Why was legendary Umm Kulthum of interest to German general Rommel?
By Ali Breesha
Umm Kulthum is one of the most famous Arab singers in the 20th century. She has been a star since the beginning of the 1920s and continued to hold the throne of the Arabic song until her death in the mid-seventies. This Saturday (February 3) marks her death anniversary.
The story is told by the Egyptian dean of journalists Mohammed al-Tabi’i in his memoirs. He talks about a conversation he had with the British press attaché, Donald, in Paris after World War II. The two men were life-long friends and met together for lunch. “We started talking about the superb career of Umm Kulthum and the great musician Mohamed Abdel Wahab. Suddenly, Donald told me that ‘When the ghost of war settled in Europe in 1939, British intelligence agents in the Middle East noticed that the Axis agents were picking vinyl records, especially those of Umm Kulthum from Cairo, Jaffa, Jerusalem, Beirut and Damascus. This made the British intelligence suspect that the Axis countries were preparing for a propaganda war. Their intelligence services learned that millions of Arabs will listen to news broadcasts in Arabic if Umm Kulthum songs were played before and after the bulletin.”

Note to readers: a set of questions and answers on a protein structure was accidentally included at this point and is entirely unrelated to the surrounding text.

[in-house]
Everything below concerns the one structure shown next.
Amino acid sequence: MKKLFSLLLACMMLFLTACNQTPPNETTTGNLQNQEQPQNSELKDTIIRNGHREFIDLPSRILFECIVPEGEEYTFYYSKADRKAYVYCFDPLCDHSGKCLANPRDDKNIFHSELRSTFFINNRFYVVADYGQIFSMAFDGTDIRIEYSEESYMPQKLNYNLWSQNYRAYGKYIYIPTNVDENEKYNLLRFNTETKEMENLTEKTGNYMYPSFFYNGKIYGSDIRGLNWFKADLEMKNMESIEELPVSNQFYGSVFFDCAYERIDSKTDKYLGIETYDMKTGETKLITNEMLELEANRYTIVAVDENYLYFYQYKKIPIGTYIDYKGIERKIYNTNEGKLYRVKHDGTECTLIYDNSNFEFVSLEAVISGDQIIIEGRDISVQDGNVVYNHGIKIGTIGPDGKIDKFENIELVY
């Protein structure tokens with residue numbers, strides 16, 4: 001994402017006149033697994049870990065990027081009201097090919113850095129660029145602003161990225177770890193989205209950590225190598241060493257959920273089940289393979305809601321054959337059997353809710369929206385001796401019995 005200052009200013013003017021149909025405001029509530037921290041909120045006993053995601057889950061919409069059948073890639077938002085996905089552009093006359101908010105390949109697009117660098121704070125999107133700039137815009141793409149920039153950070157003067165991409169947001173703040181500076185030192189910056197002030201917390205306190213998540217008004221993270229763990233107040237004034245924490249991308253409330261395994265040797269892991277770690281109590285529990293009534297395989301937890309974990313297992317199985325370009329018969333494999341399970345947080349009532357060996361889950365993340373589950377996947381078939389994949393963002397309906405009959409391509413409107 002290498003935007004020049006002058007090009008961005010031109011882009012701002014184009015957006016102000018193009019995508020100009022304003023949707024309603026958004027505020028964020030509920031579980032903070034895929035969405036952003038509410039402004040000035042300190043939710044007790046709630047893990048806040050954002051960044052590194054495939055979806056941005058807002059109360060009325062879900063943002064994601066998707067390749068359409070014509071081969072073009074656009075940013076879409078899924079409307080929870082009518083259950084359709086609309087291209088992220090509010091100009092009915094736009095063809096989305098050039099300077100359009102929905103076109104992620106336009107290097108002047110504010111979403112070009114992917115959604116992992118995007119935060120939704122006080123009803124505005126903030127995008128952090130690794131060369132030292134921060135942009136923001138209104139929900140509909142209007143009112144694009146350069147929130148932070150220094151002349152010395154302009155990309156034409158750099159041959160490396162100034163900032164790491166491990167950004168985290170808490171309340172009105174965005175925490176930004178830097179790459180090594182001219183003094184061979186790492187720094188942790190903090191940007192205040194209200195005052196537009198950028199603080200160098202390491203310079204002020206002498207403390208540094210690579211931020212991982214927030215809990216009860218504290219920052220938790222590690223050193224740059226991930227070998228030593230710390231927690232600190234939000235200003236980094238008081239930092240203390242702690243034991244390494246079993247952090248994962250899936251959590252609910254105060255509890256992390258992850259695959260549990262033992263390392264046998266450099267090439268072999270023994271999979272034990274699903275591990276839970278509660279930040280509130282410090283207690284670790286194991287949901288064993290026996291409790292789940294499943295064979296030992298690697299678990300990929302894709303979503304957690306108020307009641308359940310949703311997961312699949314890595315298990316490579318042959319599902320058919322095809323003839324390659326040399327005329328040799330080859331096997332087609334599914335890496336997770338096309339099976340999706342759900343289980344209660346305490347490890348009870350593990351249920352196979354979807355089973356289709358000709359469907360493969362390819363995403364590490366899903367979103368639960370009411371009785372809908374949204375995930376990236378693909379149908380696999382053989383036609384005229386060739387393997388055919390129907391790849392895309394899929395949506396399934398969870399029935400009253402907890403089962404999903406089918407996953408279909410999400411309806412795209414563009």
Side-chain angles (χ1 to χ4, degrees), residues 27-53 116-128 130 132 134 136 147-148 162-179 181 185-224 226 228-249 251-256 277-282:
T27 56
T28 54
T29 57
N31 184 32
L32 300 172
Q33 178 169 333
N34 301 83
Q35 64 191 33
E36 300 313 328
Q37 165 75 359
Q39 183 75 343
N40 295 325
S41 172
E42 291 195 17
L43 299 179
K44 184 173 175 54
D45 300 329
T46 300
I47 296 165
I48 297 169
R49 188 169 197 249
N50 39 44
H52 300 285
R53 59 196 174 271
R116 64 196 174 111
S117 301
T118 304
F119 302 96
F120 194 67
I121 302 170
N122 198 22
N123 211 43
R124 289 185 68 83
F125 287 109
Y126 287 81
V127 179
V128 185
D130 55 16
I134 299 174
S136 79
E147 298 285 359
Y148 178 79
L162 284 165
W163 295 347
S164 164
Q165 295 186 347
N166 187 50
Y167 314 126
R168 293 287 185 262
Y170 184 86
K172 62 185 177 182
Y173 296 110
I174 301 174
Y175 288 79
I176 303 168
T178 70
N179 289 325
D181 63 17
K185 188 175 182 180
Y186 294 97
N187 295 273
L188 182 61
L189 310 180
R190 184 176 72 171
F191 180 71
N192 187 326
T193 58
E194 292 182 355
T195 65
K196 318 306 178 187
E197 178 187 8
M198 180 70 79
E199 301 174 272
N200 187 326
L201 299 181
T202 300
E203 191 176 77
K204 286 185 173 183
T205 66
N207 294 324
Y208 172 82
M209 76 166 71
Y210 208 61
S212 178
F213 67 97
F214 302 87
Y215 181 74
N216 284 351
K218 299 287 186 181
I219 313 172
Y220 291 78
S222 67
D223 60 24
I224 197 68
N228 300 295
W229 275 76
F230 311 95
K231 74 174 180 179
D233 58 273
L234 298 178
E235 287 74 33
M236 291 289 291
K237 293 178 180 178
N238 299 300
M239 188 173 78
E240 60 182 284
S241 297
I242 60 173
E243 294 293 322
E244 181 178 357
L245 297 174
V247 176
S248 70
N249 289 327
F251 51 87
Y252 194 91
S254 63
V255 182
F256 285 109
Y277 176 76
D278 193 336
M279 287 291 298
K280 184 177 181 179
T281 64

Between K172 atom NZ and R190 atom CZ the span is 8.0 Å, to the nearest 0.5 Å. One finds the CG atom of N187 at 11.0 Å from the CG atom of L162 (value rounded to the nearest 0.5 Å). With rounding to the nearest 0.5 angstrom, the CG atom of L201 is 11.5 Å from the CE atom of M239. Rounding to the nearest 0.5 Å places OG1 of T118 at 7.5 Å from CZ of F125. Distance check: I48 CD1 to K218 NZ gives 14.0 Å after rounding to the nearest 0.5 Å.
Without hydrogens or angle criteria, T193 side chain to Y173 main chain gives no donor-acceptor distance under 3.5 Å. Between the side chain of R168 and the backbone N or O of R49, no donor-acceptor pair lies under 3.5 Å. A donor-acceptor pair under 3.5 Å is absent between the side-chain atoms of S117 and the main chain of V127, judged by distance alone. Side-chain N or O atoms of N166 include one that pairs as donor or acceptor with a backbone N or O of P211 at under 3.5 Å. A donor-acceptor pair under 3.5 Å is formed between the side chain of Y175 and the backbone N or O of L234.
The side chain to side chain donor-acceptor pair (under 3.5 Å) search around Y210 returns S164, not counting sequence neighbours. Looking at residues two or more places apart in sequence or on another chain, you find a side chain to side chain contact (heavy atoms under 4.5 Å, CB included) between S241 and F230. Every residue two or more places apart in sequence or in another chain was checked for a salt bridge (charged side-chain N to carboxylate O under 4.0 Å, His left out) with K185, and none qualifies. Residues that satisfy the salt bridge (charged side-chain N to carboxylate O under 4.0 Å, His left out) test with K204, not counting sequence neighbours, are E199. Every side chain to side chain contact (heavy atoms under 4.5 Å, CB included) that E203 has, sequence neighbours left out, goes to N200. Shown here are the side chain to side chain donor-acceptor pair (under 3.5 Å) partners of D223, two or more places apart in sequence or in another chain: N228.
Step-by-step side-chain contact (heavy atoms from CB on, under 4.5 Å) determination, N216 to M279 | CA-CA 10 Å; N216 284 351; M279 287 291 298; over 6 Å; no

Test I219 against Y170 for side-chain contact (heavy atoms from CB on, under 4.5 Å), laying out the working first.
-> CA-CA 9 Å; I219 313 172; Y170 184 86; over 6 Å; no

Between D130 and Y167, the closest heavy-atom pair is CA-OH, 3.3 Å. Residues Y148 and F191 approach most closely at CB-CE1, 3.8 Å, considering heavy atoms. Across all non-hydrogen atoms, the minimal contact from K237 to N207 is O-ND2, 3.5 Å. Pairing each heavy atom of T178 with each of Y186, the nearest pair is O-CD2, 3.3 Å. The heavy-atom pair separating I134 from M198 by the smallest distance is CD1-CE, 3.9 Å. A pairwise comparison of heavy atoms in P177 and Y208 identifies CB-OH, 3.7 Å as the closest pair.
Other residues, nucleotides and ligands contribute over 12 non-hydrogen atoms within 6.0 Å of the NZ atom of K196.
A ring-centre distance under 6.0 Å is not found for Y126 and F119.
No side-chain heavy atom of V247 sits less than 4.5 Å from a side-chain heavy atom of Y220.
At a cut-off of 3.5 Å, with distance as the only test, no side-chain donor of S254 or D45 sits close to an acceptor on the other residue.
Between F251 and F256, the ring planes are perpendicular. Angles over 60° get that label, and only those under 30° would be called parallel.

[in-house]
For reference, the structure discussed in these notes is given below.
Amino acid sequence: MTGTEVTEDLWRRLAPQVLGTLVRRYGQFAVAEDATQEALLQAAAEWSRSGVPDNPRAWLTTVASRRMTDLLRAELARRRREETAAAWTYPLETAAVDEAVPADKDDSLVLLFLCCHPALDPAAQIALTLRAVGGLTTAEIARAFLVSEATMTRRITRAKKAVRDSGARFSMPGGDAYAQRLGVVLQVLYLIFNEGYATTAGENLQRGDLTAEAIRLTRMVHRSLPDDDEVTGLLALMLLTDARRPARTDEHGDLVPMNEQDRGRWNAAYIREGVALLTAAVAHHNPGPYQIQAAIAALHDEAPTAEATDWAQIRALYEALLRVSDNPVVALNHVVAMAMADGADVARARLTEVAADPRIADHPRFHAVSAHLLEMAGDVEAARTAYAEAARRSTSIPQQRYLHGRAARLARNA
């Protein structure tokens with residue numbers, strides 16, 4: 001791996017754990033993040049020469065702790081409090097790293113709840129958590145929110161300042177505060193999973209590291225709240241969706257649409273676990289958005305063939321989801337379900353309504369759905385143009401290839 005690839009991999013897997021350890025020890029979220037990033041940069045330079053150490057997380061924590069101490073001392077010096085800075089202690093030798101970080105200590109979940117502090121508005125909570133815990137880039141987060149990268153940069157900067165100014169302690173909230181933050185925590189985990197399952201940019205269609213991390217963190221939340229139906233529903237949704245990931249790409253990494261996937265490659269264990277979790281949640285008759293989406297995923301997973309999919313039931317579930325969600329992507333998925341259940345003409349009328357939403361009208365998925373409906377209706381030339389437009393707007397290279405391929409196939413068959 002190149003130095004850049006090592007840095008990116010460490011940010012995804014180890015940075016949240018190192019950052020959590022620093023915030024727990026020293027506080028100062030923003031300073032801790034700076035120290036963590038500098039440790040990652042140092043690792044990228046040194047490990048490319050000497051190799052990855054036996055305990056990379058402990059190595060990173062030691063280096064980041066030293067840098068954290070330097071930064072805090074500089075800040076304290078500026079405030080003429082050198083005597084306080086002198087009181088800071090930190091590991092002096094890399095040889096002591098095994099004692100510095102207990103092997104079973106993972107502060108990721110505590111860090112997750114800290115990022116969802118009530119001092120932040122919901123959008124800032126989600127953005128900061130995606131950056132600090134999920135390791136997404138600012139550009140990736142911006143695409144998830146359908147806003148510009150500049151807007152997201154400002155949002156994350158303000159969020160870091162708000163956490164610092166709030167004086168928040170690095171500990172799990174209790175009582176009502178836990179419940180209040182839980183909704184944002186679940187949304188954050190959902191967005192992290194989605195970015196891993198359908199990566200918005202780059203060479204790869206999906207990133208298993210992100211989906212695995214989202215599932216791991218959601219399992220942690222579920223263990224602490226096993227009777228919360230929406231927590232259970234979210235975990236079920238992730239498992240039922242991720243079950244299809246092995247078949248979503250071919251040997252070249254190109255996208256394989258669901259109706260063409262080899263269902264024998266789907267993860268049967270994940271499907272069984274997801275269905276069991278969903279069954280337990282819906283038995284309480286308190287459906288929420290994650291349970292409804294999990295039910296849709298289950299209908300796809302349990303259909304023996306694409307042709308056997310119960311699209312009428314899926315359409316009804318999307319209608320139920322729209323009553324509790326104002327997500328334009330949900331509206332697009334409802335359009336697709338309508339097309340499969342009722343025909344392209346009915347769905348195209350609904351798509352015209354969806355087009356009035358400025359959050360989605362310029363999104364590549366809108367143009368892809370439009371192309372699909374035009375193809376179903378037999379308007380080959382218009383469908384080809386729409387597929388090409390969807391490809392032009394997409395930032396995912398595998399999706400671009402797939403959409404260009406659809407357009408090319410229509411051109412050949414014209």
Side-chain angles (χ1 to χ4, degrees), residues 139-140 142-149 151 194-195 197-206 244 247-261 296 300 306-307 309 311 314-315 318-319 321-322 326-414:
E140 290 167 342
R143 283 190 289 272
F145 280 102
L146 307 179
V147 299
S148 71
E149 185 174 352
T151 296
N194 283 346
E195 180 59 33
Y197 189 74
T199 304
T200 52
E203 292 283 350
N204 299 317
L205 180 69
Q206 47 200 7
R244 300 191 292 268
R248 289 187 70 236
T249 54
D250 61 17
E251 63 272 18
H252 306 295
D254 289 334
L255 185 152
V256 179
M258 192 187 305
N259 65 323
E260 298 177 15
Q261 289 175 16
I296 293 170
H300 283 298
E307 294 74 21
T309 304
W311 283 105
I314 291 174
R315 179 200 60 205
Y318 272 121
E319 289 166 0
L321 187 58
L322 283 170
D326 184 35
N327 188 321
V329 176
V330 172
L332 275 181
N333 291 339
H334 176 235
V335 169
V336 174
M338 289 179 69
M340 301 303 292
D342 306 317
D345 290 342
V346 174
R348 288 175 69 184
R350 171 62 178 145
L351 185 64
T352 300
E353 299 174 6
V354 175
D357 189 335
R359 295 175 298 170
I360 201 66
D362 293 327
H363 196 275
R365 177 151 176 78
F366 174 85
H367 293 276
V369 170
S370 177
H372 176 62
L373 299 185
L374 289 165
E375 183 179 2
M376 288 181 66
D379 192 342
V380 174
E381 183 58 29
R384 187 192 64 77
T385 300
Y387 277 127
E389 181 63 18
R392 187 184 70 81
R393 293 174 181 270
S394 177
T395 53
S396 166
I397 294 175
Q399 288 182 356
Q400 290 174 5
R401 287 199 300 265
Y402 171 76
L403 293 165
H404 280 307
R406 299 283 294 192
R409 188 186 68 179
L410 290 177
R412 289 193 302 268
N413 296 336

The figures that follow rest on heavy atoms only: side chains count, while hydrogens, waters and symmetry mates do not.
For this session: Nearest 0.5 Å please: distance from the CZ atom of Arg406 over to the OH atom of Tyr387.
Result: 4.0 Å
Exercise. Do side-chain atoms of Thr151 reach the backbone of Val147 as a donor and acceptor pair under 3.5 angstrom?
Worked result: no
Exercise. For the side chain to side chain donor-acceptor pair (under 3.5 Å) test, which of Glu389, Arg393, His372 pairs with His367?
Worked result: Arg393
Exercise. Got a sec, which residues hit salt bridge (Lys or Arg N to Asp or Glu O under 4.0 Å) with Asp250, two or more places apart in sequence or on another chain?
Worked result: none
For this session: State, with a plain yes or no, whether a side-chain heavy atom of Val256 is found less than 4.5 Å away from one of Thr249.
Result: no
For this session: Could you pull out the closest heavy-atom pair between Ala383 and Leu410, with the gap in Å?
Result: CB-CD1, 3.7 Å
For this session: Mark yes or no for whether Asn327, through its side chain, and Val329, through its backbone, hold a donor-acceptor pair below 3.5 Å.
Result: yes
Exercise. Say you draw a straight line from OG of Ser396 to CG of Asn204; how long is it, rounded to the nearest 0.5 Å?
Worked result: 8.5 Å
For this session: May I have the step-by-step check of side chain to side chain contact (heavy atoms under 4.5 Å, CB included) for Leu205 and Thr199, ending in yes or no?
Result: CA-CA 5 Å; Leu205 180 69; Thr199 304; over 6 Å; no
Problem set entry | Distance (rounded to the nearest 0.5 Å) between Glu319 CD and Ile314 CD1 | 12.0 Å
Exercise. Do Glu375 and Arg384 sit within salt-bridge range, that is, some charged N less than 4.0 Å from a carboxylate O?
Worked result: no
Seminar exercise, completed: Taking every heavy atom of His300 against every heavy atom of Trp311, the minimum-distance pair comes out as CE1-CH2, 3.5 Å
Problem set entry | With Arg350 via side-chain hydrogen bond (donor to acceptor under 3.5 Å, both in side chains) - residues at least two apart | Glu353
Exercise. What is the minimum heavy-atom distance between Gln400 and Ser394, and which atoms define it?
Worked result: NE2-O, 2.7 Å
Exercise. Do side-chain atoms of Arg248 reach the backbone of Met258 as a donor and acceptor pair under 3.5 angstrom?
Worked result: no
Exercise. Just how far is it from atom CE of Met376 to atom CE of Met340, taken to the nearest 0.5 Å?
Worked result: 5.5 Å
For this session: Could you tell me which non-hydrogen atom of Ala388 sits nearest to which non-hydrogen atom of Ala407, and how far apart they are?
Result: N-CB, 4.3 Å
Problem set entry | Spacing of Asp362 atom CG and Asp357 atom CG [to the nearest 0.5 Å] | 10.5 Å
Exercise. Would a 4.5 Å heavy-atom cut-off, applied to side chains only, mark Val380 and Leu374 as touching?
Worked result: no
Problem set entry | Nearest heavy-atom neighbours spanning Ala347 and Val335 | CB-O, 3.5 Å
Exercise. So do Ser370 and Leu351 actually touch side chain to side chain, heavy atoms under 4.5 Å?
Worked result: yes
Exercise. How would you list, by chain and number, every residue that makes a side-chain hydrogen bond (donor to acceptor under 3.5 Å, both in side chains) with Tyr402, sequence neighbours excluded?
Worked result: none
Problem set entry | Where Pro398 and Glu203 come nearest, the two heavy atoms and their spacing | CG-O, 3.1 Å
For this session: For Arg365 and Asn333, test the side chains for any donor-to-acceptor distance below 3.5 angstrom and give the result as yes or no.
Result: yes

Donald carried on: “As an Egyptian journalist you may be aware of the measures that the British authorities intended to take and implement if they had to withdraw from Egypt to Palestine and Sudan, but there is one planned move that has not yet been released to the public yet.”
Al-Tabi’i was curious to learn about this secret plan by the British intelligence planned. Donald finally said: “The British forces planned to take Umm Kulthum and Abdel Wahab abroad with or without their consent.”
Al Tabi’i interrupted him saying: “How could they be so sure that Umm Kulthum and Abdel Wahab would agree to sing?” Donald then said: “You cannot be serious; otherwise you do not know the Nazis. It was very possible that Abdel Wahab would sit in front of a microphone at the radio station, being watched by a German soldier who is putting a bayonet to his back, poking him with it if he ever stops singing.”